No MeSH data available.


Related in: MedlinePlus

Administration of bilirubin reduces body weight and increases insulin sensitivity in DIO mice.(a) Changes in body weights of DIO mice treated with bilirubin (DIO + BR) or vehicle (DIO + V) compared to control mice fed standard diet (CHOW). (b) Daily non-fasting blood glucose levels in DIO + BR, DIO + V, and CHOW mice during bilirubin treatment. (c) Average food intake per mouse per 24-h period in DIO mice receiving BR or vehicle. (d) Intraperitoneal glucose tolerance test (GTT) of DIO mice and CHOW controls before bilirubin treatment; (e) area under the curve of GTT. (f) Insulin tolerance test (ITT) of DIO mice and CHOW mice before bilirubin treatment; (g) reverse area under the baseline above curve. (h) GTT of DIO + BR, DIO + V, and CHOW mice 14 days after the first bilirubin injection; (i) area under the curve. (j) ITT of DIO + BR, DIO + V, and CHOW mice at 14 days after the first bilirubin injection; (k) reverse area under the baseline above curve. At least 6-8 mice were included in each group; **p < 0.01, *p < 0.05, Student’s t test. DIO + BR: DIO mice treated with bilirubin; DIO + V: DIO mice treated with vehicle; CHOW: mice fed standard diet.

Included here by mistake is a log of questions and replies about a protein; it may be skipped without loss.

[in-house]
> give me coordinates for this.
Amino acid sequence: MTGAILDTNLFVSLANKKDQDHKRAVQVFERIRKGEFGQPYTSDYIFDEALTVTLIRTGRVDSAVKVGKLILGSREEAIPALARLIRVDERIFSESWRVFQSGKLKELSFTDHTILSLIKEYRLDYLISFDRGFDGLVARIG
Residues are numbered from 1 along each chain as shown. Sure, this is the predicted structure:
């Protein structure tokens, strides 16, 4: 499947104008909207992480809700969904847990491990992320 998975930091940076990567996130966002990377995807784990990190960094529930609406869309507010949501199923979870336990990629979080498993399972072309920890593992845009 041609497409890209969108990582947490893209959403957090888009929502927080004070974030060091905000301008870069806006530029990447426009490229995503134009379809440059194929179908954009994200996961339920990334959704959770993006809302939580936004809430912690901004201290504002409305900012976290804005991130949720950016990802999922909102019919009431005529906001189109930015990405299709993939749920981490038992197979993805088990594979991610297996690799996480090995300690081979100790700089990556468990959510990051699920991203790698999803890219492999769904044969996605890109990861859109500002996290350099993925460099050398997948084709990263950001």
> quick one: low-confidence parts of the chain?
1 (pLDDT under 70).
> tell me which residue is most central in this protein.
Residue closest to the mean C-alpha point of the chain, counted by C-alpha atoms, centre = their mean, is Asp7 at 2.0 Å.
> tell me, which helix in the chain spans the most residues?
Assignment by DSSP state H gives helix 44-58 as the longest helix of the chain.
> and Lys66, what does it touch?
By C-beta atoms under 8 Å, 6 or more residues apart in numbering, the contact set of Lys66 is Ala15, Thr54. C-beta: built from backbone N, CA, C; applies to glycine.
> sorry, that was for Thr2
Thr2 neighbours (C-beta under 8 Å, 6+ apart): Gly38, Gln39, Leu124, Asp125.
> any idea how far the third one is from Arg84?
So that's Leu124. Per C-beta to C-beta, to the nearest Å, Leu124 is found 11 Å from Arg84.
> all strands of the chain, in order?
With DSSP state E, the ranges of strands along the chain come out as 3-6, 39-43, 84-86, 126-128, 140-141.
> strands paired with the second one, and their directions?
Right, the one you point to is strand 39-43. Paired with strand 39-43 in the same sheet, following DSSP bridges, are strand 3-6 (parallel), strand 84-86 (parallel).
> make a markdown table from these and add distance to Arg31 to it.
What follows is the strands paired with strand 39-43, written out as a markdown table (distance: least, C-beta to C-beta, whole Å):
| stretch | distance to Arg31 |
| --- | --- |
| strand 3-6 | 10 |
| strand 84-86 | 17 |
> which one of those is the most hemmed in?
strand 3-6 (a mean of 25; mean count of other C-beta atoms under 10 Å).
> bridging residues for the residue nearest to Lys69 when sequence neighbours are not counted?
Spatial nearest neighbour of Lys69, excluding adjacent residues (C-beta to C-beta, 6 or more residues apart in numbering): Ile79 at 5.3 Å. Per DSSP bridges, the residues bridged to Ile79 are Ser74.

© Copyright Policy - open-access
Related In: Results  -  Collection

License
getmorefigures.php?uid=PMC4446899&req=5